That admiration of the smaller type is not a modern craze as shown by the following extract from an article published in the Sportsman's Library close on a century ago:
Bella & Chester parents of Riegel
Puppies Coming Mid March
Rafter V's Sire "Milo".
Dam Riegel 8" tall
Cell: 908.482.0972 Fax: 908.835.0489
Having puppies Mid March 2019
Produced from Rafter V Milo & Riegel on January 11th 2016, litter mates Milo, Lucy and Rosie are current breeders.
Rafter V's Sire Milo and Dam Riegel produced 5 puppies, 4 of whom are breeder dogs
This history of the Pocket Beagle is the most complete that has been found to date. It is from the book "The Beagle" written and published by Fitz-Daglish and published in 1961. The author was a well known writer and authoritative on dogs in that era.
Following are excerpts from the book "The Beagle."
The Beagle Club was founded in 1890 and soon after issued a Standard of Points. This included a special paragraph relating to the Pocket Beagles, which read: "Pocket Beagles" must not exceed ten inches in height. Although ordinary beagles in miniature, no point however good in itself should be encouraged if it tends to give a course appearance to such minute specimens of the breed. They shoud be compact and symmetrical throughout, of true beagle type and show great quality and breeding."
As previously mentioned, the Beagle Club's standard was drawn up by a number of hare-hunting enthusiast who value the beagle solely for it's prowess in the field. It is surely, in the highest degree unlikely that men of their standing in the hunting world would have deemed it necessary to make special references to the ten inch and under hound unless the variety was at this time well known, generally recognized and widely kept.
As a boy in the pre-1914 days I saw several packs of pocket beagles at shows and elsewhere and was strongly attracted by them. During the war years all these packs were disbanded and breeding was almost totally suspended with the result that when hunting and showing were resumed about 1920 the pocket beagle was seldom seen either in the field or the bench.
"Beagles to be very choice can scarcely be bred too small. The standard of perfection is considered to be from ten to eleven inches and the later should be the maximum height ... Nothing can be more melodious and beautiful to hear the pygmy pack open at a hare and, if slow comparatively speaking in running her, should the scent be good she stands but little chance of escape from them in the end."
In an article bearing the title "Foot Hunting" which appeared in the Stock-Keeper about 1900, the author in discussing the relative merits of packs of different sized beagles wrote: "First, Pocket Beagles. The smaller a perfect specimen can be obtained the more valuable it is... Under certain circumstances a pack of Pocket Beagles is invaluable... Some of these little packs are as keen as mustard and afford untold pleasure and interest." In the same periodical a Mr. Lord who owned and hunted a pack of ten - inch Beagles wrote: "Rabbit is the legitimate quarry of the Pocket Beagle. The hound is so small and active that he can fly through the rabbit meshes."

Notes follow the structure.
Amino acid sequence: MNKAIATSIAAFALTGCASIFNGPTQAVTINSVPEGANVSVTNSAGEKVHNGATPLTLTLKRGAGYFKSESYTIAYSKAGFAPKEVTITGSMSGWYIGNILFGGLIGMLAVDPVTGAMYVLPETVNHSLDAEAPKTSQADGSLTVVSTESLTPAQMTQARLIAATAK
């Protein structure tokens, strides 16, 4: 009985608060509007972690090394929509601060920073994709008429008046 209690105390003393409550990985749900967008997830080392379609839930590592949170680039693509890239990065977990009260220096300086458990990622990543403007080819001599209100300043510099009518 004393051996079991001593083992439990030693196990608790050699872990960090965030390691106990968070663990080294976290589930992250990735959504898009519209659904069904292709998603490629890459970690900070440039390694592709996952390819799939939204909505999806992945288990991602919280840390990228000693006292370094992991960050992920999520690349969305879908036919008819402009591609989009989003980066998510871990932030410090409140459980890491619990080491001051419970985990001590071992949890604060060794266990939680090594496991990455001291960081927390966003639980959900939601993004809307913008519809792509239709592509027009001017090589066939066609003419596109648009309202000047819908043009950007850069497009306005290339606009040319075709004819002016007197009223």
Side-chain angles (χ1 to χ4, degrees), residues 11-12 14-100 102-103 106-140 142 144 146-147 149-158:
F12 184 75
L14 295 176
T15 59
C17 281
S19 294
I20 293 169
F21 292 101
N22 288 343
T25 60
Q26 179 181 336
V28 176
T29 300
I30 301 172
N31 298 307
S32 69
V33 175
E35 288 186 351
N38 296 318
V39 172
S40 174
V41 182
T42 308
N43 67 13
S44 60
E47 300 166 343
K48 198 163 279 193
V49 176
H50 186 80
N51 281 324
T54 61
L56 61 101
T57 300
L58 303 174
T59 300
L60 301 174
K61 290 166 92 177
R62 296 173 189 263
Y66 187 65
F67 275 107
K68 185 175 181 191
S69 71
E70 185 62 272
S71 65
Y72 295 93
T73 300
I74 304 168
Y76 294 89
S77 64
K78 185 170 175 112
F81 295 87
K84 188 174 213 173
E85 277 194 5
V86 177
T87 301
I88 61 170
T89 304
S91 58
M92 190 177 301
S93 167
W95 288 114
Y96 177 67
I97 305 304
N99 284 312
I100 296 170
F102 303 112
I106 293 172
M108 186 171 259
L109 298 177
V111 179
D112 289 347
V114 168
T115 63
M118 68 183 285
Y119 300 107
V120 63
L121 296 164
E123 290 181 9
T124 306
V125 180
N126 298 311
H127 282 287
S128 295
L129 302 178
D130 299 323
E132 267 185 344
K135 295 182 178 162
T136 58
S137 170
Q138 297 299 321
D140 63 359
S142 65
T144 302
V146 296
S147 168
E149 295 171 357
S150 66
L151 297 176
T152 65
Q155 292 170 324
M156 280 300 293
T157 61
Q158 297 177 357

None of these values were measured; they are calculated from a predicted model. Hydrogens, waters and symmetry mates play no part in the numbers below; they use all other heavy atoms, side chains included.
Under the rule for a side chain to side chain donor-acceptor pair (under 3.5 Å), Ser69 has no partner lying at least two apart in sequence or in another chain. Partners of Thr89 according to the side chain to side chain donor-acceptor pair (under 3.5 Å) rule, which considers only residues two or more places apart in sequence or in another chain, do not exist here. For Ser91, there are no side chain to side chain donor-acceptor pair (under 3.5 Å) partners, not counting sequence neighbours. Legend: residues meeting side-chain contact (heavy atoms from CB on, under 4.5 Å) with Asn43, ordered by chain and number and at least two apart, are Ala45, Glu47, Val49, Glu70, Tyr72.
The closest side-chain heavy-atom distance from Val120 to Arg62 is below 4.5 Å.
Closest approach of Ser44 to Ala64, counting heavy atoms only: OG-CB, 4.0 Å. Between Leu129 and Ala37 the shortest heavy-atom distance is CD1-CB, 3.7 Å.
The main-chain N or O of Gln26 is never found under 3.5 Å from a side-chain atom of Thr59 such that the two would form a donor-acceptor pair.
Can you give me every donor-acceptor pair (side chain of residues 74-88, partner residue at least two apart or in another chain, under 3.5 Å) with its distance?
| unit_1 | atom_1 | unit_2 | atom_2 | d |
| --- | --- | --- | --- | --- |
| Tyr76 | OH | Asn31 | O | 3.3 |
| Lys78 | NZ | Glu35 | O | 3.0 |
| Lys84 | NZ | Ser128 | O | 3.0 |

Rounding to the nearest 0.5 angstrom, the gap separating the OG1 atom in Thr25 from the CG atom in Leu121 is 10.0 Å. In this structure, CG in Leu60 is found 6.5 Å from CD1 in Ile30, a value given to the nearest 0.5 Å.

These few quotations should suffice to show how unreasonable is the assertion that the Pocket Beagle was never a stabilized variety, that all ten inch hounds were freaks produced by accident and were too toyish to be used for serious field work. Many packs of such tiny hounds were kept in many parts of the country up to the outbreak of the 1914 war and were shown both at hound shows and, less frequently, at larger dog shows, like Crufts and the Crystal Palace. The maximum height of ten inches was rigidly adhered to several vary typical specimens of eight inches were exhibited and it is safe to say that practically all the hound seen were members of working packs.
What makes the Pocket Beagles special.
Lots of intelligence in a small package, combined with loving , sweet disposition in a diminutive. They are not the diggers and noise makers that their large cousins are. They're soft melodious voices are seldom
The Olde English Pocket Beagle Registry
The Registry was formed five years ago to protect and restore this endangered breed.
The goals are to prevent the prostitution of the breed we all know of breeds of dogs that have been genetically destroyed by sudden popularity and greed of the breeders and now have severe genetic faults that seriously impair their health and dispositons.
The Registry is still an open registry and does accept foundation stock that meets the requirements of the breed. New breeders are accepted into the registry only after a very meticulous inspection. The is the insurance that when you purchase a Pocket Beagle registered with the Olde English Pocket Beagle Registry you will receive a puppy that meets the standards of the Registry. Any breeder who does not meet the ethics standards of the registry is immediately disbarred and has their registrations revoked.
Aretha Born January 4th 2019
Parents: Dam 'Buttercup' & Sire 'Eddie'
Rosies Petite's MILO
born January 11th 2016
Eddie & Rosie are having
Even thirteen inch and under hours were difficult to find. Through the 1920s circumstances prevented me from taking active steps to realize a long cherished ambition to own a small pack of miniature hounds, and when in the 1930's I set about trying to revive the ten inch beagle it was too late.
Current Adult Breeders
This history of the Pocket Beagle is the most complete that has been found to date. It is from the book "The Beagle" written and published by Fitz-Daglish and published in 1961. The author was a well-known writer and authorative on dogs in that era.
born 7/16/ 2018
Puppies Born 7/16/2018
Rafter V's Sire "Milo" is from
Rafter V Ranch located in Saskatoon, Saskatchewan